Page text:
Jenni Downes, University of Technology Sydney
Australia’s government has announced new planned waste recycling targets, as part of its response to the crisis prompted by China’s decision to crack down on recycling imports earlier this year.
The wider goal of Australia’s plan to update the National Waste Policy is to embrace circular economy principles.
That process is now in train. Following engagement with industry and government working groups, a proposed update to the policy is now open for public comment.
So how well does the proposed new policy incorporate circular economy principles? The short answer is, not well enough.
Explainer: what is the circular economy?
A circular economy is centred on keeping products, components and materials circulating in use for as long as possible, through long-lasting design, repair, reuse, re-manufacturing and recycling. The ultimate aim is to minimise the amount of resources consumed, and waste generated, by our economic activities.
The proposed principles, targets and strategies are a good start. They will help tackle a range of issues, including:
- dealing with China’s recycling imports crackdown by improving local capacity
- increasing the currently limited responsibility for products at end of life
- focusing on organic waste (such as food and textiles), one of the major obstacles to current recovery rates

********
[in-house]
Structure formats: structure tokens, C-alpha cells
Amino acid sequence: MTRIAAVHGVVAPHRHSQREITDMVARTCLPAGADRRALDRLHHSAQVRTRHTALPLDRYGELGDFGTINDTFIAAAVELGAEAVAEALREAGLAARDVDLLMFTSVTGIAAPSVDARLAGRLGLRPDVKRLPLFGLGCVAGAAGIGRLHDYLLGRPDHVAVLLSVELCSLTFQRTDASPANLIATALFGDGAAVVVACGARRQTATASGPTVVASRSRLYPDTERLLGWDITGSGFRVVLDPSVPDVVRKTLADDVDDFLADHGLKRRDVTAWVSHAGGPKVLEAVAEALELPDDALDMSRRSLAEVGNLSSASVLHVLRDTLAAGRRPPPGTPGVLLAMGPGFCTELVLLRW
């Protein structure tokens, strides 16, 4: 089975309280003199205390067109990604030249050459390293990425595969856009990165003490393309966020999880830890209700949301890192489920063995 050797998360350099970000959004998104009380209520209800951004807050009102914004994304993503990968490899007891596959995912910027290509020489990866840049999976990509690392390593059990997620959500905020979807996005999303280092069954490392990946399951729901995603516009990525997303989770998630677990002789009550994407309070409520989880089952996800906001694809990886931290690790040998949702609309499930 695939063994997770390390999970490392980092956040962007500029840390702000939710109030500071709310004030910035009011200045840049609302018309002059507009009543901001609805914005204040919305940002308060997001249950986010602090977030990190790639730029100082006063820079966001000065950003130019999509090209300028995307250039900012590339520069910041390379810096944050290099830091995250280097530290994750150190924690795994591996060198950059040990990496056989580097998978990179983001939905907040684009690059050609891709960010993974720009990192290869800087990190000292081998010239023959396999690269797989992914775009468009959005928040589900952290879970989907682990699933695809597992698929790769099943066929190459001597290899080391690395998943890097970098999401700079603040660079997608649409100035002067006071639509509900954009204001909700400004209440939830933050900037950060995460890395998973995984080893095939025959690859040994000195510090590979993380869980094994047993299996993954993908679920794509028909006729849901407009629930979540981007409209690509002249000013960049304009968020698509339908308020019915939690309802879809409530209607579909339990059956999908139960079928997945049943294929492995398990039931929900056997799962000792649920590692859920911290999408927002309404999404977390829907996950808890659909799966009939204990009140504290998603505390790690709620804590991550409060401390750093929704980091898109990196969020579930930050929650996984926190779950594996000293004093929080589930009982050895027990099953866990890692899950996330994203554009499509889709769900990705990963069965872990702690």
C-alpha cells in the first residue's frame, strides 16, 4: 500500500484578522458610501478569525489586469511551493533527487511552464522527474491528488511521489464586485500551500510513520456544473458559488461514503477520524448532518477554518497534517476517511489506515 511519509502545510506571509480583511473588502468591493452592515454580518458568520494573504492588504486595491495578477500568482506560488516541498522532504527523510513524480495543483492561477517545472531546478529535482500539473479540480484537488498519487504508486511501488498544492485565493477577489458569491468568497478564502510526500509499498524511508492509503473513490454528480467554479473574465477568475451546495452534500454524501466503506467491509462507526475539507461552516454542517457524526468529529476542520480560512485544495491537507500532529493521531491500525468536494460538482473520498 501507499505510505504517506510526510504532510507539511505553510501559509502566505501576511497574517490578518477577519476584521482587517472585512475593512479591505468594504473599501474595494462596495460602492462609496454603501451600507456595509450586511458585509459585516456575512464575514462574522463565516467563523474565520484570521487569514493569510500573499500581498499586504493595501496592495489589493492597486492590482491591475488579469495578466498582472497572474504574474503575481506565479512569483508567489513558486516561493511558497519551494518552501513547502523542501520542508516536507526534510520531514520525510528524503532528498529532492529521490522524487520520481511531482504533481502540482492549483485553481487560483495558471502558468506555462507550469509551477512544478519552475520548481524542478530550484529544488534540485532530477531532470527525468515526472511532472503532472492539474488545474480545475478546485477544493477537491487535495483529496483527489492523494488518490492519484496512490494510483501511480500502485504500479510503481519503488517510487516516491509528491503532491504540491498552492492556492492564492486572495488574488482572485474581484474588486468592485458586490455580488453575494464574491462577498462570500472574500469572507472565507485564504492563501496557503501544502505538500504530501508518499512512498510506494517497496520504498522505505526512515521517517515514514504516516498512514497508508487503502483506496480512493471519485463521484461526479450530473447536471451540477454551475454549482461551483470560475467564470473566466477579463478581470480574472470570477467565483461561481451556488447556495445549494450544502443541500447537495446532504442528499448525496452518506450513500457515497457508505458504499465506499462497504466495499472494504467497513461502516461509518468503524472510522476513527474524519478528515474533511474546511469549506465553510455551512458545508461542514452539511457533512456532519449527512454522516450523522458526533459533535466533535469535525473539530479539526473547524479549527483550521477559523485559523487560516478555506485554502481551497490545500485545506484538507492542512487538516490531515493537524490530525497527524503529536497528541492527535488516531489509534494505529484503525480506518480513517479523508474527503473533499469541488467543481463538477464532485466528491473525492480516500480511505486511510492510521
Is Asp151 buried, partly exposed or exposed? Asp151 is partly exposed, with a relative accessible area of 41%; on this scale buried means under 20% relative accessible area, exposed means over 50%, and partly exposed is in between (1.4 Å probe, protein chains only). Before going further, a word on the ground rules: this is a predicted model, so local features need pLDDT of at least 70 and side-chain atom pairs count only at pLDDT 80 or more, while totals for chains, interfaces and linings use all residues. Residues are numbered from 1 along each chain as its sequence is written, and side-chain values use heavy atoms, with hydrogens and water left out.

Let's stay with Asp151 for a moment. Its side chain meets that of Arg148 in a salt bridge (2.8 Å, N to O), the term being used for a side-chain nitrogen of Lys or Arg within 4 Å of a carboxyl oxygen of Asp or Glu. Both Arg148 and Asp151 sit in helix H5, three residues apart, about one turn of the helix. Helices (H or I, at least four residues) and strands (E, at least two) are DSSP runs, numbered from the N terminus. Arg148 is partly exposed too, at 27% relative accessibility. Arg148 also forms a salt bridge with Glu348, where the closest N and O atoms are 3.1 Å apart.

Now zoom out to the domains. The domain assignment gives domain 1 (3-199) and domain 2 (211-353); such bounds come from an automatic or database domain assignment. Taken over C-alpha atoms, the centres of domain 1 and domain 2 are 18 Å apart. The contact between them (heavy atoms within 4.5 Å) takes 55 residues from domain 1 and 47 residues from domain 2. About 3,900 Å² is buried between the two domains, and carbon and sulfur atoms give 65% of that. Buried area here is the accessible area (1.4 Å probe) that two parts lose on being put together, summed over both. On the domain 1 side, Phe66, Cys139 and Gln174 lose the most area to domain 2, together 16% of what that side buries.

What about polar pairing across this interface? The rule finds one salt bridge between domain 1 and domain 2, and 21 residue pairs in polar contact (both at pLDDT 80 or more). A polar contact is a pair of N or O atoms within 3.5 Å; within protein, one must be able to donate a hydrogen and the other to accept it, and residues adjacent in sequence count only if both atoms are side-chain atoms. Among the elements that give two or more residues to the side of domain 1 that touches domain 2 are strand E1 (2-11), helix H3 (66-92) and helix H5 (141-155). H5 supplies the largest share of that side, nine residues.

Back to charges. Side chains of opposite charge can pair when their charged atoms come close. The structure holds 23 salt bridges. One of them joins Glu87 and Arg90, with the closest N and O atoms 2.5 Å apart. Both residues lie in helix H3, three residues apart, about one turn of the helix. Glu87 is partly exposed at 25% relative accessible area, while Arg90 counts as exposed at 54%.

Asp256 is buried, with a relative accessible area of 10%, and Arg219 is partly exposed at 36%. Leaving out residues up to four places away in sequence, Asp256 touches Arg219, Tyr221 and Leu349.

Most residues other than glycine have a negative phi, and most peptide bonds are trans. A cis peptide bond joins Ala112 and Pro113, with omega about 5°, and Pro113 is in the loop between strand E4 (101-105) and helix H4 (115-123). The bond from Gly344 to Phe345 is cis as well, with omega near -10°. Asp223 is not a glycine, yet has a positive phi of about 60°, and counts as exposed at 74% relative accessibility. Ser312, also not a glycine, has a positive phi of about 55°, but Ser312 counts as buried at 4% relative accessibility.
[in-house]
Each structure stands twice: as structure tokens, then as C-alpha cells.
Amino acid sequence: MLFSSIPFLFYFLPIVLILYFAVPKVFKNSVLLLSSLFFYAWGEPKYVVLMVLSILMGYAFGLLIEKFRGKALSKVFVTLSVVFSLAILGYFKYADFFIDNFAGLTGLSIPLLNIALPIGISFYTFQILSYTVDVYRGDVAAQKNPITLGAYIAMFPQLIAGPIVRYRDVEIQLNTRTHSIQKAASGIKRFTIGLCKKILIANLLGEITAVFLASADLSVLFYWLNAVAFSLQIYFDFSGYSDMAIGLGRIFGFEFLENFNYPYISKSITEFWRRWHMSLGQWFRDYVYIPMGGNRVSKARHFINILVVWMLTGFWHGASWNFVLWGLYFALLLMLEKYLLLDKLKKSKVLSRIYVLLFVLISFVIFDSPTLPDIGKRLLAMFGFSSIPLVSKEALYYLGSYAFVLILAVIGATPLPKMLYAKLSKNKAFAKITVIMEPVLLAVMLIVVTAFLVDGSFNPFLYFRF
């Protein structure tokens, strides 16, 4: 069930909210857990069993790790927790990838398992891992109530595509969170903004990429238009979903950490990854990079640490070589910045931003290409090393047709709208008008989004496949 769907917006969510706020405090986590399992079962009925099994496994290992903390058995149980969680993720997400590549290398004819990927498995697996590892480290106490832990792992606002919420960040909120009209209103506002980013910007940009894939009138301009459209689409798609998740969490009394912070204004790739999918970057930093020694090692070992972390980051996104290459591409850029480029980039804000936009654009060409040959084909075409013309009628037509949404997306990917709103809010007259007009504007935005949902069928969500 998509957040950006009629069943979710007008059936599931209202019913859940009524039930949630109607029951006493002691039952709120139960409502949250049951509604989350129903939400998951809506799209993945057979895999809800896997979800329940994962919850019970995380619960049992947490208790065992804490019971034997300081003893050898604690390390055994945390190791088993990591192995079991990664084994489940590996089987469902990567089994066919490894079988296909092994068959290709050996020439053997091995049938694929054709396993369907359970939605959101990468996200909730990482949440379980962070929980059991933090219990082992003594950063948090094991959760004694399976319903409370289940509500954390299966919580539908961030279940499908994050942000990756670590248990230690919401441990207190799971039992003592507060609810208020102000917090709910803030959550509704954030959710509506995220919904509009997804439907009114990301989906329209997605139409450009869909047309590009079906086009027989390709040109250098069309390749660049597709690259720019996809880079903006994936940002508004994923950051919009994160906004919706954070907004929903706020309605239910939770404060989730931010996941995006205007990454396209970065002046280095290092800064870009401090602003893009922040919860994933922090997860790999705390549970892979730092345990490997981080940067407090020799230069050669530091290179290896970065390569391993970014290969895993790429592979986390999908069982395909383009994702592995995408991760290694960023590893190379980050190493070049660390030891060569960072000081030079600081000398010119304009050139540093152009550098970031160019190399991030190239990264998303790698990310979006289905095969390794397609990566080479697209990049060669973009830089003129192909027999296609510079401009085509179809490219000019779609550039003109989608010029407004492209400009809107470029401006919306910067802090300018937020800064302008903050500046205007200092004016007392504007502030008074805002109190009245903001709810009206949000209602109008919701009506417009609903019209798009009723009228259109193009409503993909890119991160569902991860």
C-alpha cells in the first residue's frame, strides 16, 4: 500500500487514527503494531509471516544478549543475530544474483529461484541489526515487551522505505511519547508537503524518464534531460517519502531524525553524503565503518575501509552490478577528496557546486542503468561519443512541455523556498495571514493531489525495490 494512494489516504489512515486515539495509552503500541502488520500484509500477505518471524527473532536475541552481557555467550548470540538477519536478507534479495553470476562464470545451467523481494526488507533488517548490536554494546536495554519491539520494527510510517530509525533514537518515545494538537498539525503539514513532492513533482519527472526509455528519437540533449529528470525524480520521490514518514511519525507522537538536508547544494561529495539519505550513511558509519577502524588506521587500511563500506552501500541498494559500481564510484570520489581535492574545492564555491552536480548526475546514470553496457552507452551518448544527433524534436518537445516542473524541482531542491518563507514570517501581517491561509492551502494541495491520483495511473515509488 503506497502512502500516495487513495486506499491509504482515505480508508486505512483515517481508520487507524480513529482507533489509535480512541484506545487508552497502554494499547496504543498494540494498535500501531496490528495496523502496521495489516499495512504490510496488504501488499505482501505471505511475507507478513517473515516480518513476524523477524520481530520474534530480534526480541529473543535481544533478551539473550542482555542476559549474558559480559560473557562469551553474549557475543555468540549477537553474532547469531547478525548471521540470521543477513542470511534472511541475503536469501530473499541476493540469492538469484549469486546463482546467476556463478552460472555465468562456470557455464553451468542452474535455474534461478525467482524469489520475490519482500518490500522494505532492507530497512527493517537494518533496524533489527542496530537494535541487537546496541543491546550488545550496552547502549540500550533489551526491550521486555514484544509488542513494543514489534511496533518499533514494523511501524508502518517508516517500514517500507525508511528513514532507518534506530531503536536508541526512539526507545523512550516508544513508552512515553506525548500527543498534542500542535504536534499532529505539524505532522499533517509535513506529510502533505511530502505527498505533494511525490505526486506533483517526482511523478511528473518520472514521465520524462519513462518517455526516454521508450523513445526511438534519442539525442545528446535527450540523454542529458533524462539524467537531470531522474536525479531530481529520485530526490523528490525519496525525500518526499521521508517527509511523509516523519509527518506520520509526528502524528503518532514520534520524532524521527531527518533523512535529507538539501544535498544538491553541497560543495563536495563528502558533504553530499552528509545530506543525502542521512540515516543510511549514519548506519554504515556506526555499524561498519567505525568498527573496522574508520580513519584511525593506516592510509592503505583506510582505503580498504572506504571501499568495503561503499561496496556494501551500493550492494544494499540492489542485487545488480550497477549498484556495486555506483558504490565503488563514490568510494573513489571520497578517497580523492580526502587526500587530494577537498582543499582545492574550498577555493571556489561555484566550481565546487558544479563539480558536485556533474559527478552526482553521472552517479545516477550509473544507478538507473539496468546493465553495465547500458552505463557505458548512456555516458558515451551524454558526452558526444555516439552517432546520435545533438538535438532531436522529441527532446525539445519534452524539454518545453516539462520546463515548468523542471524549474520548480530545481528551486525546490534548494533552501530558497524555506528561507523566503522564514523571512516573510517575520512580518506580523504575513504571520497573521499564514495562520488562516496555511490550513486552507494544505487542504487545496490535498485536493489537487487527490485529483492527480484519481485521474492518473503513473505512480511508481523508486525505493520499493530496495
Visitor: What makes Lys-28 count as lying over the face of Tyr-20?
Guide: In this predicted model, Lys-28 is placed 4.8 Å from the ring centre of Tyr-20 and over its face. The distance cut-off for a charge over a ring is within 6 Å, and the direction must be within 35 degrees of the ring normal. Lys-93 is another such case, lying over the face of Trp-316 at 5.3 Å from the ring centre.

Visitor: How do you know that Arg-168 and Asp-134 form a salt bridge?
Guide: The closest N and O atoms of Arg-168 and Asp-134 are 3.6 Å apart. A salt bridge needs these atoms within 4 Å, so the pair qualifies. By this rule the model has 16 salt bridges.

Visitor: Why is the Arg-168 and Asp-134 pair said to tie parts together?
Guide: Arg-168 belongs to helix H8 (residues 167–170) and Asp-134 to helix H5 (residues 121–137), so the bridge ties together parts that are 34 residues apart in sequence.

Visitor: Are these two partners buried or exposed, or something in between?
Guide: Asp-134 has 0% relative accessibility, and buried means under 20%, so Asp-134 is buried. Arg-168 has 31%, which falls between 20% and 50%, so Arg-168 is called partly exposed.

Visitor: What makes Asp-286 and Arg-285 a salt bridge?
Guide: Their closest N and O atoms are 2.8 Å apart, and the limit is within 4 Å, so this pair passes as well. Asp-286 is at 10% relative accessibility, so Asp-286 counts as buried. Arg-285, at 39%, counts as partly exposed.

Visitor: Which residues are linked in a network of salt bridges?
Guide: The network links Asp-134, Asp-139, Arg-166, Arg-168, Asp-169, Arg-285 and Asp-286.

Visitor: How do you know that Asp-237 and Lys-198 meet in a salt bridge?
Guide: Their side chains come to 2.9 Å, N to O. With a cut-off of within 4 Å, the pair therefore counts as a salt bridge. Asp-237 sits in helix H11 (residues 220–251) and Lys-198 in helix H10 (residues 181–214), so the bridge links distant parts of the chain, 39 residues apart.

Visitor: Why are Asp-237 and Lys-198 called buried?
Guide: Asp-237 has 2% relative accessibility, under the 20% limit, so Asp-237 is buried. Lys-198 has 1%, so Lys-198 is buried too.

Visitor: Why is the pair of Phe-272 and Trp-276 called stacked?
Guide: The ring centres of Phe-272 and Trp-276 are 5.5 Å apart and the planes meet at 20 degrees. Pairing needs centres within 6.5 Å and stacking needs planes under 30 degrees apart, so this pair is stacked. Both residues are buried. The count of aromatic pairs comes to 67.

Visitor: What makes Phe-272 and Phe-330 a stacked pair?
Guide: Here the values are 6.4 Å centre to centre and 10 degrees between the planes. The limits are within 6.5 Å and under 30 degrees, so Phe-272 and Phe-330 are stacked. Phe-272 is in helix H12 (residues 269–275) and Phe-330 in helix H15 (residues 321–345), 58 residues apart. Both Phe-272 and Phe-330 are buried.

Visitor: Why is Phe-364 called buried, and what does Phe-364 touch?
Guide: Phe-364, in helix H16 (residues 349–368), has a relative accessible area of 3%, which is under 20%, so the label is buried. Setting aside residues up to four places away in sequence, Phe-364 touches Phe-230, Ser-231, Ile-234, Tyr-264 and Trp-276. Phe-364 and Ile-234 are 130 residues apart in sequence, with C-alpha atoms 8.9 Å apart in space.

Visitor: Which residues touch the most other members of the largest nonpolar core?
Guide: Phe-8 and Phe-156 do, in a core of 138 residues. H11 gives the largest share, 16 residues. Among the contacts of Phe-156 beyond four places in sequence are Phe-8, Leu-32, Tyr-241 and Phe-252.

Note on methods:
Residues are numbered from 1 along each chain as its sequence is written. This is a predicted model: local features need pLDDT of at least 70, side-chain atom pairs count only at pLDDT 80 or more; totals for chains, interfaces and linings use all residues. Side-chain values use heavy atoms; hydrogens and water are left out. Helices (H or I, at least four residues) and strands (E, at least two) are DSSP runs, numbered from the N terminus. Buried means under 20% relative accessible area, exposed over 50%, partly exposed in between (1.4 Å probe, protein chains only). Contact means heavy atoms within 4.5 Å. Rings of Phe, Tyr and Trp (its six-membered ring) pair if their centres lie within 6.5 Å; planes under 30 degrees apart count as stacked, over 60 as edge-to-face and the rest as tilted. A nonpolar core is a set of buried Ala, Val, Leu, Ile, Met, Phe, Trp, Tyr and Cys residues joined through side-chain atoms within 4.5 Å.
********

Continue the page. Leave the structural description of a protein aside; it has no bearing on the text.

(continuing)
- reducing litter and marine plastic debris
- harmonising the various disparate state policies.
Yet these proposals, while all crucial, represent only a moderate evolution from our current situation, rather than the revolution needed to truly embrace the circular economy.
The policy’s major focus is still on recycling and recovery, and while recycling is certainly a “circular” activity, the circular economy involves so much more than simply improving how we reclaim and reprocess unwanted materials.
A truly circular society aims to transform our whole system of production and consumption, with innovative approaches like “products as services” (through leasing or collaborative consumption) and designing for next life and new life (through repairability, modularity and disassembly).
Global changes, local opportunities
The proposed policy misses the opportunity to focus on innovation and create a step change in not only the resource recovery industry, but our whole economy and broader society.
The public arguably has more awareness of this issue than ever before, thanks to the continuing emergence of sustainability as a concept, combined with China’s shock to our recycling industry and the media focus afforded by campaigns such as the ABC’s War on Waste documentary series.
Public awareness and expectation is one thing, but to deliver on these goals the national waste policy must strengthen the explicit adoption of circular economy principles and significantly increase support to transition towards it.
This includes such things as:
- appointment of a Commissioner for Circular Economy
- explicit targets for reuse, repair, reassembly and remanufacture
- “Circular” procurement of goods and infrastructure
- support for innovation in business models for circular economy
- standards for imports, not just local production
- federal tax incentives, funding, and research and development to enable all of the above.
Australia has a unique opportunity to lay the building blocks for the type of economy and society we want. Let’s hope we can get it right.
Jenni Downes, Senior Research Consultant, Institute for Sustainable Futures, University of Technology Sydney
This article is republished from The Conversation under a Creative Commons license. Read the original article.